Wednesday, January 3, 2007

Reel To Reel: Blood Diamond

A girl's best friend comes at a heckuva price.

How It Rates: ***1/2
Starring: Leonardo DiCaprio, Jennifer Connelly, Djimon Hounsou
Rated: R
Red Flags: Graphic Intense War Violence, Language

Blood Diamond will likely not guilt-trip your future bride into giving up dreams of a huge engagement ring, so forget using this as a date movie, gentlemen. In fact, your steady could develop a crush on Leonardo DiCaprio instead, and then you've got a bigger problem.

Levity aside, Blood Diamond plunges into Sierra Leone in 1998, mired in poverty and plagued by rebels who get their funding via "conflict diamonds:" precious stones obtained by slave labor and then sold to unscrupulous gem buyers who launder them like drug money. Danny Archer (DiCaprio) is a smuggler working for those buyers, an ex-soldier who grew up in Africa amongst bloody revolution and has seen the worst. His current line of work involves trading diamonds for cash or guns which he funnels to the higest bidder.

Archer has no loyalties and trusts no one but himself since everybody around him is either trying to make money or kill somebody else, and even the rebels aren't sure if they want to win the war they're fighting because they might actually have to inherit the socio-economic quagmire. "T.I.A.," Archer and his friends say. "This is Africa."

DiCaprio's character is after a huge diamond buried by African native Solomon Vandy (Hounsou) after a smuggling operation goes sideways and leaves him on the hook for a lot of money. Vandy is a poor fisherman trying to steer his children clear of poverty and violence. His young son wants to stay in school and become a doctor. Too bad the rebels don't have an ounce of respect for the people they supposedly are trying to help. They have stormed Solomon's village, sent him off to the diamond mine, and sent his son into the ranks of the rebels to become a child soldier. Solomon manages to escape, but he needs help finding his family. Archer offers that help if Solomon will help him find the buried treasure.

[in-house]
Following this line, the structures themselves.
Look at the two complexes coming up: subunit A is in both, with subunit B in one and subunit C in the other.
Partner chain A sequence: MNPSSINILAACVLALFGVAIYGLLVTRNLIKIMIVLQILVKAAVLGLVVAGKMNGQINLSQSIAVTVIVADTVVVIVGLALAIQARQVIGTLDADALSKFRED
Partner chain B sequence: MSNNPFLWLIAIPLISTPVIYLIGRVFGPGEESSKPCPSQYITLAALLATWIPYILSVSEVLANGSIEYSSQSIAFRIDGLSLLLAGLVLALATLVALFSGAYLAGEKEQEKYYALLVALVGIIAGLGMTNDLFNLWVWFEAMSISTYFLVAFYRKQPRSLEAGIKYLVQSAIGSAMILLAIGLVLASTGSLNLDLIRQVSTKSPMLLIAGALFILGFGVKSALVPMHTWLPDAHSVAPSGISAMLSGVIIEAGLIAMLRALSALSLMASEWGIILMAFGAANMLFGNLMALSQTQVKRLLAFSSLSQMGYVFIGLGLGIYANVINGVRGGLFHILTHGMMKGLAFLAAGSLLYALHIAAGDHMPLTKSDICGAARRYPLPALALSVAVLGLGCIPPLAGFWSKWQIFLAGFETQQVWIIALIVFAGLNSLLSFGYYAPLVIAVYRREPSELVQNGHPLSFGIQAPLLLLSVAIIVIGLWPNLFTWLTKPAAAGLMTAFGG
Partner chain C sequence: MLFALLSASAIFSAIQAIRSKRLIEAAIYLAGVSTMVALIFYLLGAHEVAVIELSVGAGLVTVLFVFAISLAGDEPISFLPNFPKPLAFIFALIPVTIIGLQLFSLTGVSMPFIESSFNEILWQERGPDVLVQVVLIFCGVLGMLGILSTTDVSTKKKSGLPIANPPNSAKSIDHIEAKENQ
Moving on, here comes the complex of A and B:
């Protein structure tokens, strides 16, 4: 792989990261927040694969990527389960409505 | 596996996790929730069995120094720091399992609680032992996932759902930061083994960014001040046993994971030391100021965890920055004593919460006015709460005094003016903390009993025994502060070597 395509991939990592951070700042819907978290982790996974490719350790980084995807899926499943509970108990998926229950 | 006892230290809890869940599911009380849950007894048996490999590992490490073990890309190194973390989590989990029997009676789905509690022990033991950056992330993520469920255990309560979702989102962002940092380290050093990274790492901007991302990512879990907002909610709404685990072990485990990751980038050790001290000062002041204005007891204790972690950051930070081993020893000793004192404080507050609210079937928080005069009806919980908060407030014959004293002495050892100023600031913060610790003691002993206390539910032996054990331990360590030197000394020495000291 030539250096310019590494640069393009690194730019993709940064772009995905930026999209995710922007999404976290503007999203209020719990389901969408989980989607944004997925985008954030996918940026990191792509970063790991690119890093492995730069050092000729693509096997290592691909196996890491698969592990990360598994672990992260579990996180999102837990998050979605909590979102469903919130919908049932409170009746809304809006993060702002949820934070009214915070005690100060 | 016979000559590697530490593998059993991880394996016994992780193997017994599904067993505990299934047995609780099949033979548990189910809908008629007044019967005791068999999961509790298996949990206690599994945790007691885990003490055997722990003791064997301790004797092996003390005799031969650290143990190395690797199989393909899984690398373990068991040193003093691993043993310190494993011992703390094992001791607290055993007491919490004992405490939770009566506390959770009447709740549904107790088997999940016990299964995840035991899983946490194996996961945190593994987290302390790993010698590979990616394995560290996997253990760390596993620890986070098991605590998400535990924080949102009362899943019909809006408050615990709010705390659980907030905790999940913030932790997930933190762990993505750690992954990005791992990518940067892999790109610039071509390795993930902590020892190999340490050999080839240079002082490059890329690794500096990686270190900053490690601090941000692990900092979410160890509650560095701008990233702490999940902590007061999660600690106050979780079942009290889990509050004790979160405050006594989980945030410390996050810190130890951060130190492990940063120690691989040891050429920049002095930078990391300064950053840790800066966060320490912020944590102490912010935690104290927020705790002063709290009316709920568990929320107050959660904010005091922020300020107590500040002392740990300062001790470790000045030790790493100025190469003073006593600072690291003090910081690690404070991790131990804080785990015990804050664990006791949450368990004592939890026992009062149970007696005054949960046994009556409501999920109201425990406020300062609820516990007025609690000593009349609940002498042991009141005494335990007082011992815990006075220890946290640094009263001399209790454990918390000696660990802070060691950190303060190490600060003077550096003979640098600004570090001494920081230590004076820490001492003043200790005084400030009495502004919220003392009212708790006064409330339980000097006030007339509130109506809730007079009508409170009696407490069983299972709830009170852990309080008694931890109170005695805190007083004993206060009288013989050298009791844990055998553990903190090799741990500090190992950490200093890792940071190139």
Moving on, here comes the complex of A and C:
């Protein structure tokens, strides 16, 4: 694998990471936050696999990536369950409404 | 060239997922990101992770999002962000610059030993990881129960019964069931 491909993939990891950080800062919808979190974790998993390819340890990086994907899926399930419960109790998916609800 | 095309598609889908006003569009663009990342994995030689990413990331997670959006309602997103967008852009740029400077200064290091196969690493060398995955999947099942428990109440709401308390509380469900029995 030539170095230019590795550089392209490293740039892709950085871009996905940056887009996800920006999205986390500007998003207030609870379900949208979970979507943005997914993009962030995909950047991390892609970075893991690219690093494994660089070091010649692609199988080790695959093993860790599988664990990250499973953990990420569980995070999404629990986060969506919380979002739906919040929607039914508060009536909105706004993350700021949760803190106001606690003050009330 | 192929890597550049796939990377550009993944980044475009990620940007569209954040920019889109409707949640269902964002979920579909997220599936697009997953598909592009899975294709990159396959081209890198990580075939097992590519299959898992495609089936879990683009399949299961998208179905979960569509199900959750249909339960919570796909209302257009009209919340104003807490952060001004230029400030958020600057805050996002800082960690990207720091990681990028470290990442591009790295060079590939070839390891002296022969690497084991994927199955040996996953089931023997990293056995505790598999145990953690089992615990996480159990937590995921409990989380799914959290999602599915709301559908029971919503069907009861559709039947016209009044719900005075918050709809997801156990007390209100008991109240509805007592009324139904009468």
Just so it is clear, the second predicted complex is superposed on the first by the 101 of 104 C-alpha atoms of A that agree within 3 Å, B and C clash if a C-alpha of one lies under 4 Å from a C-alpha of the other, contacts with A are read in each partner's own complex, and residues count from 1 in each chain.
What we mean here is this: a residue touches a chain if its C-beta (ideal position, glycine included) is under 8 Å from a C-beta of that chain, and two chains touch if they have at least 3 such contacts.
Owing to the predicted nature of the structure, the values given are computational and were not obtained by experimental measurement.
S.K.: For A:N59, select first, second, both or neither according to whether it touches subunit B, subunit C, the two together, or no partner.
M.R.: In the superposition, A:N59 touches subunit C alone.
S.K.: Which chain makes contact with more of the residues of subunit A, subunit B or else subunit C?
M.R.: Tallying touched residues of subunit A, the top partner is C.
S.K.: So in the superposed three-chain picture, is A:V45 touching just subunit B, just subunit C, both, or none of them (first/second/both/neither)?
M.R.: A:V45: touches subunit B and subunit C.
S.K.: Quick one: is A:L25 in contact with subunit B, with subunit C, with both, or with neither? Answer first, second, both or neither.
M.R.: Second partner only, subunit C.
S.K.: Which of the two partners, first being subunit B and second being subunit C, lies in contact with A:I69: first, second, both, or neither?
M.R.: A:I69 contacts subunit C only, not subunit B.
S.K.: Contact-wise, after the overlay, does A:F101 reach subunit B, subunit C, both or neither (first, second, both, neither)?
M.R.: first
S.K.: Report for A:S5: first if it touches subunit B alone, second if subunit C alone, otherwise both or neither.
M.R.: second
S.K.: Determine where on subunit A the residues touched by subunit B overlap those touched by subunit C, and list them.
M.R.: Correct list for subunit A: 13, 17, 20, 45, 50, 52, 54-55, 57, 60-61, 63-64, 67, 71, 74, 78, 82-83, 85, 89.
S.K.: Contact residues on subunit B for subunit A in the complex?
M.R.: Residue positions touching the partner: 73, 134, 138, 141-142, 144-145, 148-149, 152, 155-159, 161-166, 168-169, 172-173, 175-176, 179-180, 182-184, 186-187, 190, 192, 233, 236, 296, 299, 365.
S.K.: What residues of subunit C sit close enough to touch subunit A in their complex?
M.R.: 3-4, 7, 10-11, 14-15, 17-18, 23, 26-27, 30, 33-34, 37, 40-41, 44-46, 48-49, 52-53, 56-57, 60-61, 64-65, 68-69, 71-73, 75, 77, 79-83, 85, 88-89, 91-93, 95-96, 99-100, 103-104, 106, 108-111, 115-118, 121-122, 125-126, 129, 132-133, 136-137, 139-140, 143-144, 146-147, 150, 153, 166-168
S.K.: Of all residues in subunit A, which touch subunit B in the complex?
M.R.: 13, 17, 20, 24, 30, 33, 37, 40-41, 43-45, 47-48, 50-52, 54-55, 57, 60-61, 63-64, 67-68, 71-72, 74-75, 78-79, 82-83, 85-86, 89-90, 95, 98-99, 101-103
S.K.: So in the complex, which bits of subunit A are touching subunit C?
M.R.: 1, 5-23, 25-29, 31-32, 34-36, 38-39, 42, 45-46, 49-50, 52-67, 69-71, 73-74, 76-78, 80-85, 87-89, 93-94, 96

Both of them get help from Maddy Bowen (Connelly), a frustrated American journalist who knows a dirty diamond operation is going on but can't prove it. She needs Archer's inside knowlege and contacts to write a story beyond the Save The Children stories of impoverished young ones and weeping mothers. Archer isn't about to give up anything, especially to another idealist who probably won't end up changing anything. Still, the two of them develop a mutual friendship. Bowen needs information, and Archer needs redemption.

Blood Diamond interlocks several themes: the horrors of war, the ugliness behind beauty, the importance of family, the indifference of others, and good ol' fashioned greed. It is genuine in its rawness and yet emotionally nuanced, even in the sad scenes of rebels training captured young children as soldiers. Hounsou is right on his mark as the prototypical good father without stepping over the line into Father of the Year territory. I especially laud the film for not throwing Bowen and Archer into the sack, especially when both of them are too busy staying alive and focused on their respective goals.

The film could have ended ten minutes before it did. Without revealing the ending, I'm certain some Hollywood suit demanded the last scenes, if only to balance the movie's graphic violence and depression. We don't need Hollywood endings. This is Africa.

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